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With the release of NetIQ Advanced Authentication Framework (AAF) 5.5, the AAF server can act as a SAML 2.0 Identity Provider where user credentials are validated. Any Service Provider that can talk SAML 2.0, such as the NetIQ Access Manager (NAM) server, can integrate with this so that users after having successfully authenticated with…
The following guide shows how the NetIQ Advanced Authentication Framework (AAF) product can be enabled to accept user credentials passed in by Access Manager (NAM), so that users can single sign-on to the AAF enrollment page after having authenticated successfully to the NAM Identity server.
The most common approach to integrating Microsoft SharePoint Servers with Access Manager involves accelerating the SharePoint Web Server with the Access Gateway and using Identity Injection or Formfill to single sign on (SSO) users. NetIQ Access Manager (NAM) documentation includes details on how to…
Most NAM setups involve a Load Balancer (LB) fronting either the Access Gateway or Identity Server nodes. When these Load Balancers are set up in SNAT / Proxy mode, the IP address of the incoming request will be that or the LB and not the users IP address. Any NAM decisions that perform an action…
NetIQ technical services gets a lot of requests from customers reporting poor ratings when evaluated by SSLLABs tool. The following document outlines some changes that will hopefully help move you towards an A+ rating. Changes Needed on Access Manager Appliance or Access Gateway Appliance You must have a certificate using SHA 256 to obtain…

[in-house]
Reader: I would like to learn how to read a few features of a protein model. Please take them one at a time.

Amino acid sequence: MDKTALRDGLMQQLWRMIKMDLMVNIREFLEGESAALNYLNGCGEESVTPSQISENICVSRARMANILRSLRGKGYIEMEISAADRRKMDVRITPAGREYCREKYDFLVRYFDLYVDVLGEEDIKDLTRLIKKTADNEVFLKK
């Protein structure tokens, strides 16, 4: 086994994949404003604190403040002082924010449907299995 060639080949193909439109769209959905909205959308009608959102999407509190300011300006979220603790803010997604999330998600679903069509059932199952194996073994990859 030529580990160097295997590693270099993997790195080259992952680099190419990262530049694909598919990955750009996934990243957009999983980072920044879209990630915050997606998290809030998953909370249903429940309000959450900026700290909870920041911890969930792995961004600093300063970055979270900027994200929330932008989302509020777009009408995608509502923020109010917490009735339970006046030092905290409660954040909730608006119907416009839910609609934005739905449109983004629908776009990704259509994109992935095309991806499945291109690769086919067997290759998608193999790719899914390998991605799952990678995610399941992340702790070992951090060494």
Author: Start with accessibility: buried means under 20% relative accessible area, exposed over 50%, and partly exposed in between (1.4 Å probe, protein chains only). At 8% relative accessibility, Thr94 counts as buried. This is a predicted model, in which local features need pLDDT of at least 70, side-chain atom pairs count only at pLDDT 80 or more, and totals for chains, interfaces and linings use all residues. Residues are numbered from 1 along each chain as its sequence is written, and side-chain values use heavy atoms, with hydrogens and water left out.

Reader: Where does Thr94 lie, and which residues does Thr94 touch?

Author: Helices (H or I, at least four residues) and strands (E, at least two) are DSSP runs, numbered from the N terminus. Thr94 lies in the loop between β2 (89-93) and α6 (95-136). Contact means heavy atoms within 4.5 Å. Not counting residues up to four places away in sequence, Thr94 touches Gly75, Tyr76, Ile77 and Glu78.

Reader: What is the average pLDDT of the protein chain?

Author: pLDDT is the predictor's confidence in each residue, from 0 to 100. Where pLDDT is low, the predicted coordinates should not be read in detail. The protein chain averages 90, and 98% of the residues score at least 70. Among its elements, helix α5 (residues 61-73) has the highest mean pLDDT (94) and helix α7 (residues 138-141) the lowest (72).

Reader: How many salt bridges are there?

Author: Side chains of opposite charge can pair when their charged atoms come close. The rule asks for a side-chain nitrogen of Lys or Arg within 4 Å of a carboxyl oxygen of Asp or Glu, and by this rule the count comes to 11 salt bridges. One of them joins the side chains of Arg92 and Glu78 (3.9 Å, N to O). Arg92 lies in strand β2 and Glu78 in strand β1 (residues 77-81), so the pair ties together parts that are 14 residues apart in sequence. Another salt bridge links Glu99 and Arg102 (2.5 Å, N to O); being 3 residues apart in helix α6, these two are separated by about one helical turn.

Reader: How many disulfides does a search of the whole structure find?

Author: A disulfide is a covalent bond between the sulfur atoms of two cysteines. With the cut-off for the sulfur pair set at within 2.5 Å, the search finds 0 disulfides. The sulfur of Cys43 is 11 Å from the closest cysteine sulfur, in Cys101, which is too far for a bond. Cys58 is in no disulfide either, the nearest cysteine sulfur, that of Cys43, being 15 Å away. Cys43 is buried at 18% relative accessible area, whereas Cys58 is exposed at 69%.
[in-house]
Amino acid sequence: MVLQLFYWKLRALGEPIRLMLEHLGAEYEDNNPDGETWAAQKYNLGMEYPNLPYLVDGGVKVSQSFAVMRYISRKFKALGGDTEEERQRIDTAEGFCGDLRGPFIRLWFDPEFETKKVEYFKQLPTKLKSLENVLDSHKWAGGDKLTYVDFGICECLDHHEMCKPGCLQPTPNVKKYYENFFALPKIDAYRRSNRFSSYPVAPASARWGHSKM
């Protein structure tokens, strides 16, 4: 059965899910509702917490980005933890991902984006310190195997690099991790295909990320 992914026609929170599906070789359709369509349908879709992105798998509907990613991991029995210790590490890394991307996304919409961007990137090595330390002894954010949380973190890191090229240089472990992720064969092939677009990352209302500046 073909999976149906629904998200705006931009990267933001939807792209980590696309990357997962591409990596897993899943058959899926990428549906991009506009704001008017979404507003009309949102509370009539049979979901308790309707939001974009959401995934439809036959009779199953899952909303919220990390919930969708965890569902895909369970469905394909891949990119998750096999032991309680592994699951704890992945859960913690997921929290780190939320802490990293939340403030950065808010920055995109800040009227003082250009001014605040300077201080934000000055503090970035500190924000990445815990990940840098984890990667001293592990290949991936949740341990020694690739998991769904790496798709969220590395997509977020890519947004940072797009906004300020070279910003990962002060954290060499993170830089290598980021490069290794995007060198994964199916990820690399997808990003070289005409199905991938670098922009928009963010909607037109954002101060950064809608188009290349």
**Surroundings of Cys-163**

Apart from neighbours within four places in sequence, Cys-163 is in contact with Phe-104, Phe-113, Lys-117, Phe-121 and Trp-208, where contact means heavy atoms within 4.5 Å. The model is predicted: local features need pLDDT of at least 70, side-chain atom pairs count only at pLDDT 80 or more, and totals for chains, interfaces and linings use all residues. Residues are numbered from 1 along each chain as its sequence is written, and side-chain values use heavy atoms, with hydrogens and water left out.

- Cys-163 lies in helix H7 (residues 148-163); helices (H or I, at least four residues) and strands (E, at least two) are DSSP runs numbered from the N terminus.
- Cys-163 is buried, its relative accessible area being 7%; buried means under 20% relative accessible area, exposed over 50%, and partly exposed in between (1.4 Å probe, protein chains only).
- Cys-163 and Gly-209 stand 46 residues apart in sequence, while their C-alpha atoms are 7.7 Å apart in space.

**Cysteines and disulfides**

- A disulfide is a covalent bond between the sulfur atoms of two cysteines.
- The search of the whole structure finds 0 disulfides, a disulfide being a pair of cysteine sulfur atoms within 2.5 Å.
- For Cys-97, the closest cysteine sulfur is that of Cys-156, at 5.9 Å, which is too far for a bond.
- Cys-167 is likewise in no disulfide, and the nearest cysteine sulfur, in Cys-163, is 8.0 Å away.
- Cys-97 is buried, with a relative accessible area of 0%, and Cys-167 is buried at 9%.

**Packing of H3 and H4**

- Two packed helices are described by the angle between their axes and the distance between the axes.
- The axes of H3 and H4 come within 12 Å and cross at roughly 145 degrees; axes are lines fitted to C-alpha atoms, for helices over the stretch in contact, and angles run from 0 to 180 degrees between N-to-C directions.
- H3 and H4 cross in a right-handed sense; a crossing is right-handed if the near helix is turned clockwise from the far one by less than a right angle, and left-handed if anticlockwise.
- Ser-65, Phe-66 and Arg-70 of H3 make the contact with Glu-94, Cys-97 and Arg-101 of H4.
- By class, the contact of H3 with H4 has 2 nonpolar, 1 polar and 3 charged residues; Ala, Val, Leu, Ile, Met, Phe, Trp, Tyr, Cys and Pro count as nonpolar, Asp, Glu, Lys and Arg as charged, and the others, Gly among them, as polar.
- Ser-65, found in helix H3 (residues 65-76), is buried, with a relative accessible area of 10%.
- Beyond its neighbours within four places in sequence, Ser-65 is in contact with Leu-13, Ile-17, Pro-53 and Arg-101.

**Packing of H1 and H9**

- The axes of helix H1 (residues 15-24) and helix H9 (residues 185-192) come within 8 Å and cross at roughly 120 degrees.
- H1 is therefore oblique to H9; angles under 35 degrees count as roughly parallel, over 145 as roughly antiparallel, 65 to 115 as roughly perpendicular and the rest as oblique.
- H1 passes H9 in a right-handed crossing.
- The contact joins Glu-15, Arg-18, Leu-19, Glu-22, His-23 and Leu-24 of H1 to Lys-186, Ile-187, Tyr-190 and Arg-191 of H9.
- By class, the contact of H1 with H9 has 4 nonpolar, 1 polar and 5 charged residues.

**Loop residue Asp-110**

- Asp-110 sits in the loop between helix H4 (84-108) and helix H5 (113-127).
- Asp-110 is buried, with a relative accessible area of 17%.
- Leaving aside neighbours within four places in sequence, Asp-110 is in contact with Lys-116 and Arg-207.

This cool solution will show you how to integrate ServiceNow into your NAM implementation using a federated authentication via SAML 2.0. By using SAML 2.0, your users authenticate to NAM as they typically do using their existing LDAP credentials provided by your corporate directory. The service-now.com application then authenticates users via SAML without the need to synchronize passwords with service-now.com.
NetIQ Access Manager has always provided the ability for users to single sign on to back end web servers. These back end web servers provide a series of protected resources that users can only access once authenticated to an Identity Server, and authorised by the Access Gateway. Having parsed the user credentials, and validated these credentials against a back end user store, the Identity server creates and maintains an active session for that user.
To avoid hacker attacks on user credentials, you need to be able to define some sort of whitelist on the IDP server defining valid target domains that users can be redirected to. Neil Cashell explains how to set this up.
Neil Cashell and Tom Greene show how Novell Access Manager can be used to single sign on to Cisco’s WebEx collaboration cloud using the SAML2 protocol.
This article by Alan Weber and Neil Cashell explains how to configure a Novell Access Manager 3.1 SAML 1.1 Identity provider so that it integrates seamlessly with a Vertex SAML 1.1 Service Provider using the Intersite transfer URL.